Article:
In Ireland, the Standard Time Act 1968 legally establishes that The time for general purposes in the State (to be known as standard time) shall be one hour in advance of Greenwich mean time throughout the year. This Act was amended by the Standard Time (Amendment) Act 1971, which legally establishes Greenwich Mean Time as a winter time period. Ireland reverts to Irish Standard Time during the summer months. This is the reverse of the practice of other states in the European Union, but provides the same end results.
Before 1880, the legal time at any place in the United Kingdom of Great Britain and Ireland was defined as local mean time, as held by the appeal in the 1858 court case Curtis v. March. The Statutes (Definition of Time) Act, 1880 defined Dublin Mean Time as the legal time for Ireland. This was the local mean time at Dunsink Observatory outside Dublin, and was about 25 minutes 21 seconds behind Greenwich Mean Time (GMT), which was also defined by the Act to be the legal time for Great Britain. After the Easter Rising, the time difference between Ireland and Britain was found inconvenient for telegraphic communication and the Time (Ireland) Act, 1916 provided that Irish time would be the same as British time, from 2:00 am Dublin Mean Time on Sunday 1 October 1916.
After the Irish Free State became independent in 1922, subsequent developments tended to mirror those in the United Kingdom. This avoided having different times on either side of the border with Northern Ireland. Summer time (daylight saving time) was provided on a one-off basis by acts in 1923 and 1924, and then on an ongoing basis by the Summer Time Act, 1925. The 1925 act provided a default summer time period, which could be varied by ministerial order. Double summer time was considered but not introduced during the Emergency of World War II.
From 1968 standard time (GMT+1) was observed all year round, with no winter time change. This was an experiment in the run-up to Ireland's 1973 accession to the EEC, and was undone in 1971. In those years, time in Ireland was the same as in the six EEC countries, except in the summer in Italy, which switched to Central European Summer Time (CEST). One artefact of the 1968 legislation is that "standard time" (Irish: am caighdeánach) legally refers to summer time; the 1971 act defined a period of time in the winter as "winter time" and during "winter time", the time observed would be GMT, leaving "standard time" unchanged.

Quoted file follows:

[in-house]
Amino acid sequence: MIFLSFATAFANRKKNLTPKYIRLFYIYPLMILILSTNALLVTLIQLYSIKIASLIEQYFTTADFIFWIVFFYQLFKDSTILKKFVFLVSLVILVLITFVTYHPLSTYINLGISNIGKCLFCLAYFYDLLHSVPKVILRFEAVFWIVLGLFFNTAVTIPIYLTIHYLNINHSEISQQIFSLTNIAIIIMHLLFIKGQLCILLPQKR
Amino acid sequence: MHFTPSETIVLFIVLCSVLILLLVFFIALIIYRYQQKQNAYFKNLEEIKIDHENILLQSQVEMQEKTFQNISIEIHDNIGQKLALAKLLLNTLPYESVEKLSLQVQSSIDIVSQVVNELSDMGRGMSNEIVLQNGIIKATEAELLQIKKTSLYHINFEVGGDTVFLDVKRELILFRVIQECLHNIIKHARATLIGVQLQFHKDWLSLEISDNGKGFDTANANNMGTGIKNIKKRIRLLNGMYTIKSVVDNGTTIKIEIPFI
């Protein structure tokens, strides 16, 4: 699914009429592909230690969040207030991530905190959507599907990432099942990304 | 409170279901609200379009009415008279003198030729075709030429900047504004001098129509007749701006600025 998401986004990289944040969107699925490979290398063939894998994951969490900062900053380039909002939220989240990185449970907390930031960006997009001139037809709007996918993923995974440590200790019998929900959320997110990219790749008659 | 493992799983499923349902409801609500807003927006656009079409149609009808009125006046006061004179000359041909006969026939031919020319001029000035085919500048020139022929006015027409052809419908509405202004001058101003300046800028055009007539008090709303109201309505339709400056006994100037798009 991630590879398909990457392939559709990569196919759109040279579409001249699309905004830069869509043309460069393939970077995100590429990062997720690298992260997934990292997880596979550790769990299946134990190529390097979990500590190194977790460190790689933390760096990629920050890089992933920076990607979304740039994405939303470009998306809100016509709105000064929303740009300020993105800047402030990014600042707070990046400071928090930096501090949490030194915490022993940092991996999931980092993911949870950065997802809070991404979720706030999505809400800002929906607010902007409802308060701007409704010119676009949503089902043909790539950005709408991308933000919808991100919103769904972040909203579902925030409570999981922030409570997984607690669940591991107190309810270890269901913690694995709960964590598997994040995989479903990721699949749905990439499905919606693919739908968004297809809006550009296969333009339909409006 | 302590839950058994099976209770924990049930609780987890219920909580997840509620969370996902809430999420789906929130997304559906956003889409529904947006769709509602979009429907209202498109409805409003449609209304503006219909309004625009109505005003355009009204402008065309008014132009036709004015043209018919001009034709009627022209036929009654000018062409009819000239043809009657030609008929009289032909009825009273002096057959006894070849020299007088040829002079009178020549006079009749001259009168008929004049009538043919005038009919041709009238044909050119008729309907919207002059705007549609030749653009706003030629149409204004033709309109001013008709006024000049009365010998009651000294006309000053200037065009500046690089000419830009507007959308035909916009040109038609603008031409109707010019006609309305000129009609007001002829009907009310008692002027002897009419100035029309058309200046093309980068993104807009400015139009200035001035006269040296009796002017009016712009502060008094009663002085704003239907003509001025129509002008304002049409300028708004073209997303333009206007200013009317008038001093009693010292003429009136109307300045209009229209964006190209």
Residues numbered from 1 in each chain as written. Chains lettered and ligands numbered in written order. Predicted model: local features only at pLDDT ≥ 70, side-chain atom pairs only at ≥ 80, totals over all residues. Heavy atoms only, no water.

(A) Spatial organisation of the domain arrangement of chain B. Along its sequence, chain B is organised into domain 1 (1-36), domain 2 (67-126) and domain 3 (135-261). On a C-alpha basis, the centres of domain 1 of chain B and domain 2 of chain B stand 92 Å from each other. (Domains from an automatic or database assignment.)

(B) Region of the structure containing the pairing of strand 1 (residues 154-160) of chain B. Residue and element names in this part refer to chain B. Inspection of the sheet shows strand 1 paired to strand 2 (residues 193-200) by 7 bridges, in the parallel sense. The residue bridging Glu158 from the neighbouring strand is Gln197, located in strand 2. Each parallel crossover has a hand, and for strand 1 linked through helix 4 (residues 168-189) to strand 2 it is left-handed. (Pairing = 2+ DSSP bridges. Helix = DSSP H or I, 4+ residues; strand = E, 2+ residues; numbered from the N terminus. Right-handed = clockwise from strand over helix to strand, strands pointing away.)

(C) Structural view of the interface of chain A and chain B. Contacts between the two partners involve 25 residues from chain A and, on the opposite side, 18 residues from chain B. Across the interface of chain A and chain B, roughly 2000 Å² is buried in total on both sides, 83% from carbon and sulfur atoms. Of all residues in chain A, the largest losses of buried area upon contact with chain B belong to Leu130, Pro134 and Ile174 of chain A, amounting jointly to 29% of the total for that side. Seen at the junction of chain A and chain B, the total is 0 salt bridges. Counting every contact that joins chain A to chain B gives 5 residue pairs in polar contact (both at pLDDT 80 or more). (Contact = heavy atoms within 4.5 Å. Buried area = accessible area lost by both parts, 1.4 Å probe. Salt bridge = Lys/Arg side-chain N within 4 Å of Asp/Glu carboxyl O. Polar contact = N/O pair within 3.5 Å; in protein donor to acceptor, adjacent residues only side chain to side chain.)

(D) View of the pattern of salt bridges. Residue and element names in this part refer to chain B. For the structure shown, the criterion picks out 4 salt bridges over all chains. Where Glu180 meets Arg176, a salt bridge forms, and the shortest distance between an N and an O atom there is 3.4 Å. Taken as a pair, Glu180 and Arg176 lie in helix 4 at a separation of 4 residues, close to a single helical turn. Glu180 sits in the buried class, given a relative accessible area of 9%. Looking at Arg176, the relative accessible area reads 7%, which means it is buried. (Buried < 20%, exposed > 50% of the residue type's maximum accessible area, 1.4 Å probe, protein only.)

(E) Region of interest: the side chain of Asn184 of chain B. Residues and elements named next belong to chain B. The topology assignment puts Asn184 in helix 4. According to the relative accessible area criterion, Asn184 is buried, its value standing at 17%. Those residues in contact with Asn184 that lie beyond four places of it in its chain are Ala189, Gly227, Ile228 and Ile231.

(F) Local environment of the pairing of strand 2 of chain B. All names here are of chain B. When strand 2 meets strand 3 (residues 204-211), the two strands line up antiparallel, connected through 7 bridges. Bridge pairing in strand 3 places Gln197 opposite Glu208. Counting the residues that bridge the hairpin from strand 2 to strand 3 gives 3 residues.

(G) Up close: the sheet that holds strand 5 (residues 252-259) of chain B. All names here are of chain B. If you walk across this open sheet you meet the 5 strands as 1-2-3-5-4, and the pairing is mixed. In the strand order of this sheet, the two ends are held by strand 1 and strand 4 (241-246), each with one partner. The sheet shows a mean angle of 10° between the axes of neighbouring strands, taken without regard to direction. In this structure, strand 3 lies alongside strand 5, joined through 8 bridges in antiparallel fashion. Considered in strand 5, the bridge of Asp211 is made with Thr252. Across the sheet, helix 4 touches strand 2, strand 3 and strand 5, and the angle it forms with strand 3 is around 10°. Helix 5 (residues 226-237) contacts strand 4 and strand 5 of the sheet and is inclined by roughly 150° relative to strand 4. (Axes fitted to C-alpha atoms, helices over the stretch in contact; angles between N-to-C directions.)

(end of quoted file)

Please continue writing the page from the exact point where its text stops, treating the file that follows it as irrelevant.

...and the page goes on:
From the 1980s, the dates of switch between winter and summer time have been synchronised across the European Union. Possible adjustments to the Irish practice were discussed by the Oireachtas Joint Committee on Justice, Defence and Equality in November 2011, but the government stated it had no plans to change. In November 2012, Tommy Broughan introduced a private member's bill to permit a three-year trial of advancing time by one hour, to CET in winter and CEST in summer.
The statutory instruments (SIs) that have been issued under the Standard Time Acts are listed below, in format year/SI-number, and linking to the Irish Statute Database text of the SI. Except where stated, those issued up to 1967 (under the 1925 Act) were called "Summer Time Order <year>", while those issued from 1981 (under the 1971 Act) are "Winter Time Order <year>".
1926/(unnumbered), 1947/71, 1948/128, 1949/23, 1950/41, 1951/27, 1952/73, 1961/11, 1961/232 (Summer Time (No. 2) Order 1961), 1962/182, 1963/167, 1964/257, 1967/198, 1981/67, 1982/212, 1986/45, 1988/264, 1990/52, 1992/371, 1994/395, 1997/484, 2001/506
Closing time in Irish public houses is later during summer time. Between 1933 and 1961, lighting-up time was an hour before/after sunrise/sunset in summer-time, as opposed to half-an-hour in winter time. Since 1961, it has been half-an-hour in all cases. A similar change in the definition of night for aviation was made in 1967.